What Would You Do For Love?

photo credit: erika.tricroche

Last night, the fabulous Nicole is the New Black, a fellow expat living in Germany, hosted the Women of Colour Travel Talk (#woctt) on her Twitter account.  I follow her on Twitter which is why I was able to watch this discussion despite being so white that I glow in the dark.  She asked some really thought provoking questions during this session which I have been thinking about ever since.

1. Have you or would you ever move overseas in pursuit of a romantic relationship?

The vast number of female expats I meet either personally or online fall into this category, so I’ve had a front row seat into the advantages and disadvantages of moving your entire life for love.  Some have done this so wonderfully and almost effortlessly that I am in awe of them, however most have considerable problems.  All of the unhappiest and disgruntled expats I have met moved to Germany because they fell in love with a German citizen and I’ve often wondered why that is.  I’ve come to the conclusion that love alone is a terrible reason to move overseas, especially to a country whose culture and/or language is different to your own. The women who have moved for love and successfully made a life for themselves here are the ones for whom love only made up part of the equation (albeit an important one).  They are women who love adventure, who love experiencing and embracing a different way of life and who are able to step out of their comfort zone. They probably would have moved overseas by themselves if the opportunity presented itself.  This doesn’t mean the move was easy for these women – far from it, but they have rolled with the punches and rather than mourn the loss of their native culture, they have been determined to find a place for themselves in their new one.

So, would I personally move overseas for love?  I’m not sure.  It would depend on where I was going and who I was going for/with. I would certainly do a hell of a lot more research than I did when I moved to Germany thanks to an internal company transfer.  I still maintain that my move to Germany was my best spontaneous decision ever, but it certainly was not a smart one.  I got lucky. But also I didn’t move here for someone else, I moved for myself and that, I believe, made dealing with the not-so-fun parts of adjusting to a foreign country slightly easier to deal with.  I want to be here.  I am not here solely because the person I love is.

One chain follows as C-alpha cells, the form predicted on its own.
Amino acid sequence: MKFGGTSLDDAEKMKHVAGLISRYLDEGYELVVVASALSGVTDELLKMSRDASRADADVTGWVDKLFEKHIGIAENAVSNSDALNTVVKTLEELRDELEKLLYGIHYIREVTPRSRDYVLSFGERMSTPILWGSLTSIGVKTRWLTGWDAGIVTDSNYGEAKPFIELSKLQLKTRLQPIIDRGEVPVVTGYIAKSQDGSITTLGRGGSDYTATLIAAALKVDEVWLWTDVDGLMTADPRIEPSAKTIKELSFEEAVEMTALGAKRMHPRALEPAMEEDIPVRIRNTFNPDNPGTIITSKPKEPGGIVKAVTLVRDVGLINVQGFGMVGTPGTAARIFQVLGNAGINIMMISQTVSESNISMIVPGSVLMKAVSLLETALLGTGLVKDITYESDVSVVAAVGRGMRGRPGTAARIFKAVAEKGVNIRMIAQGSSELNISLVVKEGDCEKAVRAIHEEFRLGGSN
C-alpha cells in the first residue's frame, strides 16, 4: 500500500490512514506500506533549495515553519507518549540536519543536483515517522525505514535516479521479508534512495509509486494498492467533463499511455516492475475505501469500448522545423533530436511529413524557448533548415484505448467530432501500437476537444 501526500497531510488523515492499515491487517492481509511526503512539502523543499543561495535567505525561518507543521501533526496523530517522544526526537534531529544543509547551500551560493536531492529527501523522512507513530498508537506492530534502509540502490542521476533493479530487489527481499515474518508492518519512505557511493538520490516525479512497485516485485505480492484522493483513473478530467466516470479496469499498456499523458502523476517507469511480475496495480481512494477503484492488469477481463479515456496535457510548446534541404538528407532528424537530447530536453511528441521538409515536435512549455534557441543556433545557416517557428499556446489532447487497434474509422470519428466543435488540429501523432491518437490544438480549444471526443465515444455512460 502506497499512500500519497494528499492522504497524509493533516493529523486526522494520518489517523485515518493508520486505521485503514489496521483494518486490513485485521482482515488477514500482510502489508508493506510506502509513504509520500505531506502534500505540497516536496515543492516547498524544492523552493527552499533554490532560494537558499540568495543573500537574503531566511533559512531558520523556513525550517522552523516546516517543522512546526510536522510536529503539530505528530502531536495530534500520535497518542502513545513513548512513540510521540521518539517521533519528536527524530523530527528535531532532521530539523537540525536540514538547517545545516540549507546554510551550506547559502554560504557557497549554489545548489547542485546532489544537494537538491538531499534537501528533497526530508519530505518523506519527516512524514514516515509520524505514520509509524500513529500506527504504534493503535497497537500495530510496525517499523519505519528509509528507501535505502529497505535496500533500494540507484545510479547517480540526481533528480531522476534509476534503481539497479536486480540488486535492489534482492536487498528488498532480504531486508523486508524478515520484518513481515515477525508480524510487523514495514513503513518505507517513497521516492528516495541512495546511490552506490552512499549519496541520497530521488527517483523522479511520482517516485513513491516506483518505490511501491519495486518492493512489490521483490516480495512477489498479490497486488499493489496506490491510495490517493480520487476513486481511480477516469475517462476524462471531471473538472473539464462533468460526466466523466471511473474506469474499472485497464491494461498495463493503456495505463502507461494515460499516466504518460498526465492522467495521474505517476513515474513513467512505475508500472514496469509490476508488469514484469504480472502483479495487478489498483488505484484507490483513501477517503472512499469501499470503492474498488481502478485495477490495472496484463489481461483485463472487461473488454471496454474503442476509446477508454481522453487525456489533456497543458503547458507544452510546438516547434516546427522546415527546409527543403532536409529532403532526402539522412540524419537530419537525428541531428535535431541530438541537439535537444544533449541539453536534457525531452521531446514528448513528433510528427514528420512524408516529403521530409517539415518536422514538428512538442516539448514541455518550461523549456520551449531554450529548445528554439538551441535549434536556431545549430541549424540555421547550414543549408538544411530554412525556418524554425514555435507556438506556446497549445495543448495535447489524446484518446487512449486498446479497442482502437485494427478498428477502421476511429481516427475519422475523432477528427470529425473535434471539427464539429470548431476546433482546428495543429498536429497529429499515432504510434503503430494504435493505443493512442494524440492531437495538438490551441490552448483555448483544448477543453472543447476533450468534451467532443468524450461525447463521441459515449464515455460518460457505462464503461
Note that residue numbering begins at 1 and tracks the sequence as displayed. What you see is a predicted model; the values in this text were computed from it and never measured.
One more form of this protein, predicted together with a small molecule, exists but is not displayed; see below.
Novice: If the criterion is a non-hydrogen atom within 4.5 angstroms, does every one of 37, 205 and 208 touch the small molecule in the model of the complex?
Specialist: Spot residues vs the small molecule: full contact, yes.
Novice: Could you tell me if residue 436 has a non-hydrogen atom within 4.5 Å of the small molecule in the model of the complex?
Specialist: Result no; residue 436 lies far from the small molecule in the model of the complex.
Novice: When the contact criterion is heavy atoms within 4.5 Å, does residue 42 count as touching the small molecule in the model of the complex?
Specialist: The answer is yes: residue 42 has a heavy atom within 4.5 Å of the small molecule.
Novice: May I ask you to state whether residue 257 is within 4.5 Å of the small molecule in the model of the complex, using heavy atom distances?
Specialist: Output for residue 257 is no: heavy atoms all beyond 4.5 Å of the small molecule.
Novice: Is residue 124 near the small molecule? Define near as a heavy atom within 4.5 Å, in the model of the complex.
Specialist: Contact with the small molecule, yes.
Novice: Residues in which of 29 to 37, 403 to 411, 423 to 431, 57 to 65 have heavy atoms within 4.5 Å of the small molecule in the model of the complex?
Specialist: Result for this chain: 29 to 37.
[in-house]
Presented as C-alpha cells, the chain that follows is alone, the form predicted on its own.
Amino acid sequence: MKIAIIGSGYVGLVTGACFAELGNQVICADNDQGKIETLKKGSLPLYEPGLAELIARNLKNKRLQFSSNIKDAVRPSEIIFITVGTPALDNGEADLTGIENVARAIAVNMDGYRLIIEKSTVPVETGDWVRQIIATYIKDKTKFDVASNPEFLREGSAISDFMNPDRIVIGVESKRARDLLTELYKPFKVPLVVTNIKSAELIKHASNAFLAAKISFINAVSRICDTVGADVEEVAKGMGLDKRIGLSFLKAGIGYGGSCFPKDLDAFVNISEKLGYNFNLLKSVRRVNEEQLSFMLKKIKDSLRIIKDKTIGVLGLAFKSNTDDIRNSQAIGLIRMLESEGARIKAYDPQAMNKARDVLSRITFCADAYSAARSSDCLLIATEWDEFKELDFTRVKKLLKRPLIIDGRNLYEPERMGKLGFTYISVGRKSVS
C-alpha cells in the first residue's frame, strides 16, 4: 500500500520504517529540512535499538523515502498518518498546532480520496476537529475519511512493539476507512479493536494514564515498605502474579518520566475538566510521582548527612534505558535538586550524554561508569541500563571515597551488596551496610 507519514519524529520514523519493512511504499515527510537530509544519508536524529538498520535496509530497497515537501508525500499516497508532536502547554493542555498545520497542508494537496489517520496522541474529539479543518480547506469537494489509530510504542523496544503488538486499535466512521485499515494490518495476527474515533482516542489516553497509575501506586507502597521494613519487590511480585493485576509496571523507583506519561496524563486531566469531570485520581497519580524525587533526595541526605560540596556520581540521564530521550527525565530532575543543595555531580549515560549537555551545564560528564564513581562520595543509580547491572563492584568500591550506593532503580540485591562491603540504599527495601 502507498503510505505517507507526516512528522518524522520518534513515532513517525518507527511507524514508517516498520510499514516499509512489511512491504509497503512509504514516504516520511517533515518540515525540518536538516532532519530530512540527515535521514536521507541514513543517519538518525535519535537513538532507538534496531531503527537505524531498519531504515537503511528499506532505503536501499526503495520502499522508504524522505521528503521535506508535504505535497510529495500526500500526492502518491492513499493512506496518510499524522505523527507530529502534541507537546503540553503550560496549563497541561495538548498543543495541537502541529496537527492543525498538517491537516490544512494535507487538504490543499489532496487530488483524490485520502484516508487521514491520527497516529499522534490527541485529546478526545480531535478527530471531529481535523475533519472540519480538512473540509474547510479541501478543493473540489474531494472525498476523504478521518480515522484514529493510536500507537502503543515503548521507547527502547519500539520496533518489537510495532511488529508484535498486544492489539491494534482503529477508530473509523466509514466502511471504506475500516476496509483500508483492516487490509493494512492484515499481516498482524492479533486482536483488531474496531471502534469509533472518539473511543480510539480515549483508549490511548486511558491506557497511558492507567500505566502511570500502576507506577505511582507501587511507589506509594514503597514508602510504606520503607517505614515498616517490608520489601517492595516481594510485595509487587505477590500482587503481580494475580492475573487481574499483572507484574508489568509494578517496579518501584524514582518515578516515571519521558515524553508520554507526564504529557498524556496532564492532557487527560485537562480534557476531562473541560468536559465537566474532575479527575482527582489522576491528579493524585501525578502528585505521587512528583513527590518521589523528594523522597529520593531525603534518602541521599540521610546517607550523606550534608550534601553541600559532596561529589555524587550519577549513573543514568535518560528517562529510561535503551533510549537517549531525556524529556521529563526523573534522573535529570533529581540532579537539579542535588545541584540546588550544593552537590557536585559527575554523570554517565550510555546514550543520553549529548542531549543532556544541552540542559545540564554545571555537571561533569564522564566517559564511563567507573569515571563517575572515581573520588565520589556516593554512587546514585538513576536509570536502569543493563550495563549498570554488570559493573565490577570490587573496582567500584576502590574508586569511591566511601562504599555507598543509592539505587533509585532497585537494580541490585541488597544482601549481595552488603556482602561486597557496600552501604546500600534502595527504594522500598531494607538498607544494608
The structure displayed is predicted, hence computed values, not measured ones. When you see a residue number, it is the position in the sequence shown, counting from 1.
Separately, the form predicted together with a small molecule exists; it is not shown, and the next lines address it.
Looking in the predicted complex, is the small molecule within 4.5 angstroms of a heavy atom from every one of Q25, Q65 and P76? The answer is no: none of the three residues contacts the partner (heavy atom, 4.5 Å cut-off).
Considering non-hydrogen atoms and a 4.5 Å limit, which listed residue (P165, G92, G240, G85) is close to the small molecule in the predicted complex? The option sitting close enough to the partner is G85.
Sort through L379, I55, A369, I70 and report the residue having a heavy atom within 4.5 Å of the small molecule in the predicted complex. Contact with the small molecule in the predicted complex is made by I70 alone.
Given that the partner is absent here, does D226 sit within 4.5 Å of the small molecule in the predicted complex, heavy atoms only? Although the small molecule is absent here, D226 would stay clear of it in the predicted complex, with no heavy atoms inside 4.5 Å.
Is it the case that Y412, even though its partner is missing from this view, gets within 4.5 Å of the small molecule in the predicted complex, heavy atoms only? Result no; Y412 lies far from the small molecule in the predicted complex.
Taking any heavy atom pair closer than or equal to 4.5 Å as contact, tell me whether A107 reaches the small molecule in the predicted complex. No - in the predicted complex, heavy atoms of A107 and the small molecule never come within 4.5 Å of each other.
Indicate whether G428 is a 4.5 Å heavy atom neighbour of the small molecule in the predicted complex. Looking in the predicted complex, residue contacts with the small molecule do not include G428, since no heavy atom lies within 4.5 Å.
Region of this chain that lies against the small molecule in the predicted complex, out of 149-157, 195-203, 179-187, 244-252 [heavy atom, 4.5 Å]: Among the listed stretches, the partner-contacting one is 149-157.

2. Would you relocate overseas with a partner if you weren’t able to work in that country & thus had to be financially dependent on your partner?

This is a fabulous question from Nicole because again so many expats I know (mostly women) moved overseas because their partner found a job there or were transferred.  Spousal visas, being what they are, don’t always let the (usually) wife work.  Therefore, they have to give up their sometimes very much loved careers to follow their partners overseas. This is not something I think I could cope with and not because I am so in love with my career I couldn’t give it up, but mainly because so much of myself is wrapped up in being able to support myself financially.  It would be extremely hard to give that up. Sure, I have fantasies of being able to peruse all my passions free of having to earn a living, but that fantasy usually comes with me suddenly coming into a great deal of money, not being dependent on my partner. My relationship would need to be rock solid before I would even consider such a move.

So, what are your opinions on the above two questions?  Did you move overseas for love – and if you did, would you do it again?

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2 thoughts on “What Would You Do For Love?

  1. I really enjoyed this topic, especially since it totally applies to me!

    I did move to Germany for love. I don’t know how people see me, but I hope I fall into the category of people who have “successfully made a life for themselves” here and not too overly disgruntled. I definitely would have moved overseas anyway, and I generally am pretty happy here. Almost at home.

    But at the same time, had I not married a German citizen, I probably would not have made the decision to move here for good. I’d have stayed a few years, and come home when homesickness got the best of me. So I’m a bit worried sometimes about that lifetime commitment thing – not to my husband, of course, but to Germany itself. I love Germany, despite my grumbles and complaints sometimes, but it’s also a very strange feeling knowing I’ll always live so far away from my family.

    Such a hard topic!

    As far as being completely financially dependent on my spouse, that would be hard for me. I like to shop, so I’d feel bad spending his money and feeling like I have to justify what I buy. Especially for birthday presents for him, for example! That said, I would love to be able to work part-time when we have kids.

    • Sarah, you are one of the people that most definitely falls into the ‘successfully made a life for themselves’ category. Also, I seem to remember (& I hope I am right) that you were living in Paris before you met your gorgeous husband which also puts you in the ‘probably would have moved overseas by themselves’ category as well.

      The lifetime commitment is definitely a tough thing. I know I have not decided if Germany is going to be a lifelong thing for me. It has always been a ‘until I don’t want to be here any more’ thing & I haven’t upgraded from that. Then again, I’m not in a serious relationship so I’m free to make my decision totally on my own whims. I have no idea what it would be like to be pulled in two directions.

      Also, when you have kids, I think it is totally fine for one partner not to work or work part-time. Kids are a full-time job!

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